MAY 03, 2006
While a veteran congressman strongly denies accepting bribes, those with damaging evidence continue to cut deals with authorities to reveal details of the wrongdoing. This week a technology executive will be the second person to plead guilty to bribing Rep. William Jefferson (D-LA), an eight-term congressman and senior on the House Ways and Means Committee.
Vernon Jackson, chief executive of Louisville-based IGate Inc., has already signed a 13-page statement saying the congressman helped get his company listed with the General Services Administration so it could get lucrative government contracts. The statement also says Jefferson later demanded payments to a company that included his wife and children in return for his help gaining huge internet and cable television contracts in Africa.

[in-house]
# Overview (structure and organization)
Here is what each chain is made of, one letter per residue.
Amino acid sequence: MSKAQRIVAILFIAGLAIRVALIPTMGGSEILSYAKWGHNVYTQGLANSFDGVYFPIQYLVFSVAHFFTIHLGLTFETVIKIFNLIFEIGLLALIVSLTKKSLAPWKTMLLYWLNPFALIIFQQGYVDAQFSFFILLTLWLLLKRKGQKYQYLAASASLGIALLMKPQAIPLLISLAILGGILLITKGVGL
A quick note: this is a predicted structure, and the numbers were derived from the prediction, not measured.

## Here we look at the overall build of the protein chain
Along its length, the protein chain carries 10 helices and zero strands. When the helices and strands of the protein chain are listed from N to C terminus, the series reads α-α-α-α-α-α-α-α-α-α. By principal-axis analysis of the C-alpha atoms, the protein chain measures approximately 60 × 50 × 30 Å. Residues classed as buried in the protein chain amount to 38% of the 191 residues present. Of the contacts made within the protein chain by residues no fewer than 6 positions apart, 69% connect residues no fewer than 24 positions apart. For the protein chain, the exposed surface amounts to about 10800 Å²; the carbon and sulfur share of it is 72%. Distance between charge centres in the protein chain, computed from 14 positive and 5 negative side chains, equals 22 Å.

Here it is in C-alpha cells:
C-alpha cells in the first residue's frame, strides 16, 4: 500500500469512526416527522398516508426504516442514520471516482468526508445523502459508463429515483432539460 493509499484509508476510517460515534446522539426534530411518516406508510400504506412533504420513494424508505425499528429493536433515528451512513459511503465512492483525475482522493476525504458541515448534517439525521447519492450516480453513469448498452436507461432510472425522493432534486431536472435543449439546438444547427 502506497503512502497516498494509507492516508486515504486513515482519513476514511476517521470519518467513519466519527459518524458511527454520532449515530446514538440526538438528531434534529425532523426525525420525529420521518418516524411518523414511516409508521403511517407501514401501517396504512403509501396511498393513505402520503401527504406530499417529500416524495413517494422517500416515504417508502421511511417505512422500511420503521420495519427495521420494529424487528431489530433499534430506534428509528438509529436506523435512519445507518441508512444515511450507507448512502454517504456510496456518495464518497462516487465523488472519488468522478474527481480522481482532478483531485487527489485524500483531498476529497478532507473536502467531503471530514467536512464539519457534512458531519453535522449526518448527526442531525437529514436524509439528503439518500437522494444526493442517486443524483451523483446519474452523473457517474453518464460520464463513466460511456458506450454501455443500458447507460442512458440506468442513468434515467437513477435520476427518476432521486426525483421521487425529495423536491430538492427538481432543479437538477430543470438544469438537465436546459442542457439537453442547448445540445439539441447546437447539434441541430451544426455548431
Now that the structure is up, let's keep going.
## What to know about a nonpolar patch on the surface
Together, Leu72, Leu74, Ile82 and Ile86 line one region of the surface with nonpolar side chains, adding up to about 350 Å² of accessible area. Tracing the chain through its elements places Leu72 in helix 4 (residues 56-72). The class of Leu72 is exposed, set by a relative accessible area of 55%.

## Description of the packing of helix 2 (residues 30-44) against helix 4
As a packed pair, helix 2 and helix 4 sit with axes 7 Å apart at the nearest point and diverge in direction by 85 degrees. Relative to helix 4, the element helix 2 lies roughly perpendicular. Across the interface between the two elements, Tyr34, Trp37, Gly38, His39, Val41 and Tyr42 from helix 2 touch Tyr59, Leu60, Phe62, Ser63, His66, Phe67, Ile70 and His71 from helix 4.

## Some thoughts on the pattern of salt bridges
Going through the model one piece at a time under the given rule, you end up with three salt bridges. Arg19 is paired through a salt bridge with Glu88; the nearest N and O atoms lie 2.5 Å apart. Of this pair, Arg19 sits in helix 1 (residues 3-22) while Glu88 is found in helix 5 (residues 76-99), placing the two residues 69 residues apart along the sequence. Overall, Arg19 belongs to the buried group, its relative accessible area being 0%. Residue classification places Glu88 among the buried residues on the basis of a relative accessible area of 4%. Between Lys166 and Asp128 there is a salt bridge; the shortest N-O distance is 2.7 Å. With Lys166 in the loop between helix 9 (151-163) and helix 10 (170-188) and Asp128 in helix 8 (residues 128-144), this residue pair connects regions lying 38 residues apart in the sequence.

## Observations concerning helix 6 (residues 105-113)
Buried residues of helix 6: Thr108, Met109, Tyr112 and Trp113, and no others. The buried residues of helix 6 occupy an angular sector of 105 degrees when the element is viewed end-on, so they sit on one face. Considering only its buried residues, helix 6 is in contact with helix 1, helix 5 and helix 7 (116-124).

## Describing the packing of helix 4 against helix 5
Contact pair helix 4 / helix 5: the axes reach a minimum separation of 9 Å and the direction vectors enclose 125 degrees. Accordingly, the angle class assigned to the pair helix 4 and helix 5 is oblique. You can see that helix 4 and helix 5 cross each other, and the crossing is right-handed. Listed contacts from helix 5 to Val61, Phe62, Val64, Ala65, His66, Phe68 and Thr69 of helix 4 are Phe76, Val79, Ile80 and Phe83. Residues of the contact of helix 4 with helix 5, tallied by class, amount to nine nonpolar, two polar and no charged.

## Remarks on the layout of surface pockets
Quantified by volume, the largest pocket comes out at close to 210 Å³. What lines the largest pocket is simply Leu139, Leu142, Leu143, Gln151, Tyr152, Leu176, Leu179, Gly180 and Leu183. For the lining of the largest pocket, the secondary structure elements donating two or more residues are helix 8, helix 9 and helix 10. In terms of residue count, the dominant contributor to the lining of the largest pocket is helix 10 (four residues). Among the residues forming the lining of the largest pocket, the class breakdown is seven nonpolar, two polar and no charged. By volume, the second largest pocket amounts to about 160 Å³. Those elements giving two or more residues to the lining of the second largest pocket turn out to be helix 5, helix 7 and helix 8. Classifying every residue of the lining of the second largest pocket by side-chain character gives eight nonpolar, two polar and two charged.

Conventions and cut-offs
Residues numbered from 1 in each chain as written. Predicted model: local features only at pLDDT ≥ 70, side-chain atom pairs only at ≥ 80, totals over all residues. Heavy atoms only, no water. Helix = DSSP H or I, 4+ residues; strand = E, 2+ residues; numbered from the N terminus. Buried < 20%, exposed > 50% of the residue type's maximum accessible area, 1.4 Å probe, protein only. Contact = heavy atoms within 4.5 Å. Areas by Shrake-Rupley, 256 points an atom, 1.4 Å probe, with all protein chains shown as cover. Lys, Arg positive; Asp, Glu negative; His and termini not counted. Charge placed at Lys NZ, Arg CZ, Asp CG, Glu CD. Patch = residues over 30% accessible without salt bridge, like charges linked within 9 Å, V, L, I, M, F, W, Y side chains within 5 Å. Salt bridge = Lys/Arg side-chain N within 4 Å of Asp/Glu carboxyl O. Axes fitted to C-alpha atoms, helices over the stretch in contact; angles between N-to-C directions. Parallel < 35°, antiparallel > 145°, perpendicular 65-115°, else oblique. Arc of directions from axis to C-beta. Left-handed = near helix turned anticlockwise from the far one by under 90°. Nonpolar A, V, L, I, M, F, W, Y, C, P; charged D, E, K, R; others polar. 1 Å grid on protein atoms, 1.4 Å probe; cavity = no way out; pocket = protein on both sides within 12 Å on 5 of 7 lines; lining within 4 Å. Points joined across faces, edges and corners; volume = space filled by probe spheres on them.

Earlier this year, one of Jefferson’s former congressional aides, Brett Pfeffer, pleaded guilty to conspiracy and aiding and abetting the solicitation of bribes. Pfeffer has testified that his former boss demanded big bucks in exchange for his assistance in brokering two African telecommunications deals.
Jefferson has so far paid $36,000 in legal fees from his defense fund and if witnesses keep popping up with damaging evidence against him, the fees are sure to rise as fast as the hurricane waters did in his state.
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